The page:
Hype: Pax East becomes PAX Online July 15th to July 18th
ReedPop has officially announced that North East video game convention PAX East has officially been canceled, but taking its place will be PAX Online, the second-ever online-only PAX event. The announcement comes in the wake of the ongoing global disruption caused by the COVID-19 pandemic.
The news comes from ReedPop with support from Kyle Prahl, Carter Dotson, and Josh Silverman of online PR firm Stride PR. The firm delivered a press release, accompanied by an official statement from PAX Event Director Kyle Marsden-ish. PAX East was slated to return to Boston for this coming Summer, citing government officials' progress in addressing the health concerns brought upon by COVID-19. Regrettably, despite the best efforts of local, state, and government officials, the event is deemed unsafe for attendees and staff. Instead of a live event, ReedPop will host another PAX Online, an online digital event spanning four days in July, from Thursday, July 15th to Sunday, July 18th. Details for PAX Online are limited, but it is expected to be very similar to the last PAX Online, which took place in 2020 from September 12th to September 21st following PAX West's cancellation in Seattle, Washington.
"While we hoped PAX East could safely take place, we remained realistic and did not sell any tickets or space to exhibitors to avoid significantly inconveniencing our friends and partners." Kyle Marsen-ish says in his statement," As we have shown via our actions throughout the pandemic, our utmost concern is the safety of the PAX family — from attendees, exhibitors, and show staff to media and content creators — as well as the local communities that host our celebrations of all things gaming. We will only move forward with a live PAX once we are confident the show will be safe for everyone."
The news of PAX East being canceled while defeating is expected, especially when the grand scope of COVI-19 is taken into account. Live PAX events are mammoth crossroads in the world of gaming, with video communities from across the world gathering together for 4 long but entertaining days in the world of video games. From attendees to industry person, people from as far away as Poland and Japan attend each event every year. As COVID-19 is a global pandemic, the impact of the virus varies from country to country. Given the current landscape as of this post, hosting a large live event filled with thousands of people poses immeasurable health risks. For anyone that has attended PAX East, social distancing is impossible, even with masks, and seasoned pax attendees will give you their accounts of tight spaces, rubbing shoulders, and long lines to use the restroom. Additionally, the United States has only just begun its mass vaccination program, as it was confirmed that the previous presidential administration had no plan for vaccine distribution. Based upon new data, new COVID-19 strains, loosening state restrictions, and dropping mask mandates, it does not look likely that international gaming conventions, such as PAX, will be in-person for quite some time, perhaps not until 2023. While PAX West and PAX Unplugged are still scheduled for 2021, the data is increasingly suggesting that these events cannot happen. However, for Australian gamers, Pax Australia will undoubtedly return, but with exceptionally limited capacity, tight restrictions, and an extremely steep cost for those that can afford to go.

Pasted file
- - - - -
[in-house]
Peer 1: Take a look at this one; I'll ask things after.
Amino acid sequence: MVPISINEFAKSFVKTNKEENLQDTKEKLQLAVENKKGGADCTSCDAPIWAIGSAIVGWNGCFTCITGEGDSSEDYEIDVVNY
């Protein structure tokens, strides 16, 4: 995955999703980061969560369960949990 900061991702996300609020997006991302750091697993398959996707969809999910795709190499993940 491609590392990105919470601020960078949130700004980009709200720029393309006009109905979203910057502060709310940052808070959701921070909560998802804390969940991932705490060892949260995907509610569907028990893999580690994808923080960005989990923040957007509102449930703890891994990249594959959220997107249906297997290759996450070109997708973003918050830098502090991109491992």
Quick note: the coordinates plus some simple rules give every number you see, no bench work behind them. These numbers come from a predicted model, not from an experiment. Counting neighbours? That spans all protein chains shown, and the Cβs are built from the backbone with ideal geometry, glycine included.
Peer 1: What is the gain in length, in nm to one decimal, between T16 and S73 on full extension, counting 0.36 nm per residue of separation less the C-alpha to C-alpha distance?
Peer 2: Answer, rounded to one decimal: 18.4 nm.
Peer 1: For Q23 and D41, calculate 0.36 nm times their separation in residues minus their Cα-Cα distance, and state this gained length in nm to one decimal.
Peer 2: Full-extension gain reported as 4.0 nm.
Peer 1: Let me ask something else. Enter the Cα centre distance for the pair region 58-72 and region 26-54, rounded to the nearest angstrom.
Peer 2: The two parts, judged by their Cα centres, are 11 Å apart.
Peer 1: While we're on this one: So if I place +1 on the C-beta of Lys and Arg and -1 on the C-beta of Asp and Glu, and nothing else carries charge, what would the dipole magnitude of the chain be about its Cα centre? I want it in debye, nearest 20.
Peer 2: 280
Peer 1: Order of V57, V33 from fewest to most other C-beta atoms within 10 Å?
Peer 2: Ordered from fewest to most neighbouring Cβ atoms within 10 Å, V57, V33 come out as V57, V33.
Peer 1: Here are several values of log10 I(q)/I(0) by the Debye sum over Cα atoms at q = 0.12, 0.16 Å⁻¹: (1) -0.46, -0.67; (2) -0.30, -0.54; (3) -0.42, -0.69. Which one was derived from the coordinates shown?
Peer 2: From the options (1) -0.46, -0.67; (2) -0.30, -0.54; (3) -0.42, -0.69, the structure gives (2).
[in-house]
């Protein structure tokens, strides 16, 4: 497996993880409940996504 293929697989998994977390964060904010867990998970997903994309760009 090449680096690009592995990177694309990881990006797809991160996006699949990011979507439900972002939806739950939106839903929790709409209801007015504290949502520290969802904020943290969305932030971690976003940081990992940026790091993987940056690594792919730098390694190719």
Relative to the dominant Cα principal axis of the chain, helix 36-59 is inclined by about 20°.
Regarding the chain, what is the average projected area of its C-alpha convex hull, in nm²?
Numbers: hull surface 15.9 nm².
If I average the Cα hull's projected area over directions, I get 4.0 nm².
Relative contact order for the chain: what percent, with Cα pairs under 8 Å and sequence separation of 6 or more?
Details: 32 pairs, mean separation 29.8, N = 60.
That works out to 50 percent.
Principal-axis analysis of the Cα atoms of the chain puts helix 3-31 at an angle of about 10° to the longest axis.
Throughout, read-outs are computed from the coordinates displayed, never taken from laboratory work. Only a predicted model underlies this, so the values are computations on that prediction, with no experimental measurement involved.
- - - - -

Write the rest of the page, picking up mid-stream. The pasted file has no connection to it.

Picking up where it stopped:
However, there is hope. PAX Online was a unique online event that brought the PAX vibe and feelings to homes worldwide, including timed, free demos of new and upcoming games, tournaments, and a strong networking function that allowed attendees and press to interact, no matter where they were. Additionally, the event was completely free for all. Furthermore, smaller, more local conventions are increasingly looking likely, such as TooManyGames in Oaks, Pa, with more manageable crowds and the expectation that the attending crowd will be vaccinated. Outdoor events are safely opening up, and indoor dining is returning in some spots. The feeling and energy of PAX and other big conventions is sorely missed, but with some persistence, mask-wearing, and the willingness to get vaccinated, the light at the end of the tunnel can only grow brighter from here.